Search Results for 'Irish Parliamentary Party'
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While last week's historic referendum on same sex marriage was undoubtedly the political event of the year in Ireland, earlier this month the eyes in Leinster House were very firmly fixed on events across the Irish Sea and the British general election.
A surprising rescuer of the Tuke assisted emigration scheme from the west of Ireland came from the London government. After the first group of 1,315 people had sailed from Galway for America on April 28 1882, the Tukes’ emigration fund was practically exhausted. Yet the demand for places grew each day. Now more than 6,000 applications, mainly from the Clifden area, but also from Belmullet, Newport and Oughterard, poured into the Clifden union where James Hack Tuke had his office. While poverty and famine remained endemic in the west of Ireland, people with spirit must have felt that the day-to-day grind was never ending. The threat of another Great Famine was very real. They wanted a new life.
The continued unrest, murders, and large-scale protests as the Land War careered dangerously through the Irish countryside, led at last to some reform. William Gladstone’s Second Land Act of 1881 proposed broad concessions to the tenant farmer. But Parnell, the very effective leader of the Irish Parliamentary Party, was not satisfied. He said that tenants were still vulnerable to rent arrears and poverty resulting from poor harvests. He urged that the Act either accommodate these concerns, or be rejected.
Over recent weeks, despite the happy distraction of the St Patrick’s Day festivities and the Easter break, Insider has detected a sense of worry in people’s demeanour created by a largely unexpected development that has truly shaken them out of any complacency.
The general election of 1918 was also a plebiscite on the Easter Rising, two years previously. The Rising, and the destruction of the centre of Dublin, had been generally condemned. The Irish Parliamentary Party, under John Redmond, had been inching towards Home Rule; why bother with such violence? The belief was that the men and women of 1916 were brave, if foolhardy. Yet following the prolonged executions of the leaders, the massive round up of participants, and their imprisonment in Britain, a change of attitudes swept the country. This was perfectly illustrated in the election held on a bleak December day 1918. Sinn Féin had fielded candidates in every constituency. The campaign was vigorous and tough.
In the 1880s the Land War was at its height. It was a prolonged period of bitter civic unrest which pitted an unprotected peasantry against some ruthless landlords, who had the law and power of eviction at their disposal. Following the Great Famine a weakened tenant peasantry was easily removed from the land. It began a pitiful trail to the workhouse, and the emigrant ships. But as the century progressed the situation changed. The highly organised Irish National Land League supported evicted farmers; while members of the Irish Parliamentary Party in Westminster fought for legislation which would eventually see a redistribution of land to tenants.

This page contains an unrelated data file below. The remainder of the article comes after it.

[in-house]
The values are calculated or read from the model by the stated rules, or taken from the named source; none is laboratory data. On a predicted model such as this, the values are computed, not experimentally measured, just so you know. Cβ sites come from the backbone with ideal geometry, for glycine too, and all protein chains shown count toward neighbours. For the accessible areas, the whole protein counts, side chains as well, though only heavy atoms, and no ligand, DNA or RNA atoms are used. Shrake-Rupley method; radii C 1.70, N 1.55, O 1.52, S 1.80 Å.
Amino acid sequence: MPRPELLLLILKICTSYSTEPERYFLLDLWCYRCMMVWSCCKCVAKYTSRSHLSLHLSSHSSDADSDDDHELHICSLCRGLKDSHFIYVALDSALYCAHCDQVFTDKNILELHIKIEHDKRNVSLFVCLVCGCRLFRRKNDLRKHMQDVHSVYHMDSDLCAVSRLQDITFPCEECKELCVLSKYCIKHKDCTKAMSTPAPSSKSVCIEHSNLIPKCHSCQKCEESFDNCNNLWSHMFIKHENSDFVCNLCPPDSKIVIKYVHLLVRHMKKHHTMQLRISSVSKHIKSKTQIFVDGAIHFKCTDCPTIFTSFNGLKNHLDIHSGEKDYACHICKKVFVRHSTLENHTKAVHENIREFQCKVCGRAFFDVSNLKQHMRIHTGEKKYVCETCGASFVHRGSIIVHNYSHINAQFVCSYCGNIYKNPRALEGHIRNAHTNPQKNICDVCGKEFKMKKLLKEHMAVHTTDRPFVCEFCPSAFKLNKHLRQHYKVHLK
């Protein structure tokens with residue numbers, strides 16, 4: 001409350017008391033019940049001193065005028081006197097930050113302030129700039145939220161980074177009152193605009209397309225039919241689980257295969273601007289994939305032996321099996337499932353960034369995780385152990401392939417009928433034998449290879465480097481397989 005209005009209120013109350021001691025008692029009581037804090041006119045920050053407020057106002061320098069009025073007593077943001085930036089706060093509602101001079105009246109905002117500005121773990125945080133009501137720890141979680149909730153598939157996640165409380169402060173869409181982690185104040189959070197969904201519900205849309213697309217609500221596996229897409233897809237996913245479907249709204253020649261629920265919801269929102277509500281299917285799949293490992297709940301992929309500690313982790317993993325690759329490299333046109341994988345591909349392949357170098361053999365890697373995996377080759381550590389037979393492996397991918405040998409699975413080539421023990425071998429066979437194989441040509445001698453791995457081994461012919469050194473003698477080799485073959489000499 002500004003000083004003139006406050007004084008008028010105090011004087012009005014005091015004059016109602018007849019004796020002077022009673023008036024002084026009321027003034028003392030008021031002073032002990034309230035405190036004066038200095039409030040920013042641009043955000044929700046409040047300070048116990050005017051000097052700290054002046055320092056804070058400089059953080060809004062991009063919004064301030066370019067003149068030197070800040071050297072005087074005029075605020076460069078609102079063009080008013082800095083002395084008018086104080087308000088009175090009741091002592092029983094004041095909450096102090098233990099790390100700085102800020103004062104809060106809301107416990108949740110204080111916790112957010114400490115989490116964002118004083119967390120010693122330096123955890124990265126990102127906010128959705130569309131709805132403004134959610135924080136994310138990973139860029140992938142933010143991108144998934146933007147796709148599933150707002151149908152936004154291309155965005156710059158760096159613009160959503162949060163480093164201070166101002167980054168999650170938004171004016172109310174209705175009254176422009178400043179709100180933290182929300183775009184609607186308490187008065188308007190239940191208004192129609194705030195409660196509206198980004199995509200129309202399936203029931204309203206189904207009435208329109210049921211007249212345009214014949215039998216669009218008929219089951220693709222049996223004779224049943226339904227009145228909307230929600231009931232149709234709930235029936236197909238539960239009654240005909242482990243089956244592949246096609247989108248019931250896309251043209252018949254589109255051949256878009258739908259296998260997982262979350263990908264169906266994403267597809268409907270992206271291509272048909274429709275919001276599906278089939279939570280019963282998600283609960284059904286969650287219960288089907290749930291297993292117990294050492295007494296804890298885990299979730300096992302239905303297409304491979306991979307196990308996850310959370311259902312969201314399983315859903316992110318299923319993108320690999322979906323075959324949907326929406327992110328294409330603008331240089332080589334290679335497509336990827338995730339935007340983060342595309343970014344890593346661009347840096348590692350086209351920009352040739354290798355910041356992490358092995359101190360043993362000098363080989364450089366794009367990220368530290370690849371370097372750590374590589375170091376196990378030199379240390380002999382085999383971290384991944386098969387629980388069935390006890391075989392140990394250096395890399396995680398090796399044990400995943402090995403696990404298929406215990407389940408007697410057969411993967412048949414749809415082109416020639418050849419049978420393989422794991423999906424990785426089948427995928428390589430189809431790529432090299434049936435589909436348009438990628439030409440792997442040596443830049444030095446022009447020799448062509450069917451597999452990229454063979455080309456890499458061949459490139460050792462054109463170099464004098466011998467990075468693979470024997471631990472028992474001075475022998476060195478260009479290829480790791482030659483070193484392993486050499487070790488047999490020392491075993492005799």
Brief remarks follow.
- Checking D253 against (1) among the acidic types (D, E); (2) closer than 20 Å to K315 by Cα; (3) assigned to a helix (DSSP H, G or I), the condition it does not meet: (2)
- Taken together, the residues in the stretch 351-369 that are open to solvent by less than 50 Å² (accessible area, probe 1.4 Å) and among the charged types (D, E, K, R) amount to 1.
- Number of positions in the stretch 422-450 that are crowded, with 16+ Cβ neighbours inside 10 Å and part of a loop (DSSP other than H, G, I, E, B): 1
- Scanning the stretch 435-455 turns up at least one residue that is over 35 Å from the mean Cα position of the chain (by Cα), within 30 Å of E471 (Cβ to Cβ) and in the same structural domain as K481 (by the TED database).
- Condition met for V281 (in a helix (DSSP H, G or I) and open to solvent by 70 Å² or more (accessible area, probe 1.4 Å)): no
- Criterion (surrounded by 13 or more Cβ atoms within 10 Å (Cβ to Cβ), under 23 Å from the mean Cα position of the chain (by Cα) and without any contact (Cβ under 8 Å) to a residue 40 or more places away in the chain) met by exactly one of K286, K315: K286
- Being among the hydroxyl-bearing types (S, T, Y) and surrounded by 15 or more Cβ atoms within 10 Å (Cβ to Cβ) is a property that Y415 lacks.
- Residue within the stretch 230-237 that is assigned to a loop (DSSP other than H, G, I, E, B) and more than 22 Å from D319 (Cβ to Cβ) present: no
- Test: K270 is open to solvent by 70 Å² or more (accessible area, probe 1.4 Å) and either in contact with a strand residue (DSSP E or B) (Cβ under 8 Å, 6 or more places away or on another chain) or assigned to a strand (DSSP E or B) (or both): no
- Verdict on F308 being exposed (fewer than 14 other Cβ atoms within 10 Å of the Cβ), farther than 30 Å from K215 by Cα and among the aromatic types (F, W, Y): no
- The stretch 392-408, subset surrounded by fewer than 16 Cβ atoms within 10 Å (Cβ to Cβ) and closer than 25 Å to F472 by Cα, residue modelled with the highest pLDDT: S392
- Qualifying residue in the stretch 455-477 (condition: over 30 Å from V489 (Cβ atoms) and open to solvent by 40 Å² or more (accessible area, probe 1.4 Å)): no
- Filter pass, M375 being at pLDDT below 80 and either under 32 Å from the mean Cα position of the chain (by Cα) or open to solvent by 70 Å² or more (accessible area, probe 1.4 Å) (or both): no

Between 1869 and 1909 a revolution took place in land ownership in Ireland. A succession of Land Acts gradually reduced the powers of the landlord, and gave their former tenants the means and the opportunity to buy out their tenancy, and to own their own farms. Generous terms were given to tenants by the Wyndham Act of 1903. £100 million was advanced for land purchase, which was immediately availed of by the great majority of tenants. Tenants were advanced the whole purchase price of their holding, at a little over three per cent to be repaid over 68 years. Most landlords were pleased to accept the ready cash, and a whole new social structure emerged throughout the island. However, initially landlords were not compelled to sell, and the independently wealthy marquis of Clanricarde of east Galway refused to cooperate. But his days of evictions, disparaging remarks about his tenants, his bully boy land agent Edward Shaw Tener and his henchmen, were numbered.
Early on Friday August 18 1882, John Collins, a tenant farmer, having heard disturbances during the night coming from his neighbours’ house, the Joyces, went to check if all was well. He must have feared the worst because he brought with him two neighbours, Mary and Margaret O’Brien. They discovered an appalling sight. Even today, when our senses have been hardened by so many atrocities, it was a scene of savage murder that cried to heaven. No mercy was shown to this unfortunate family.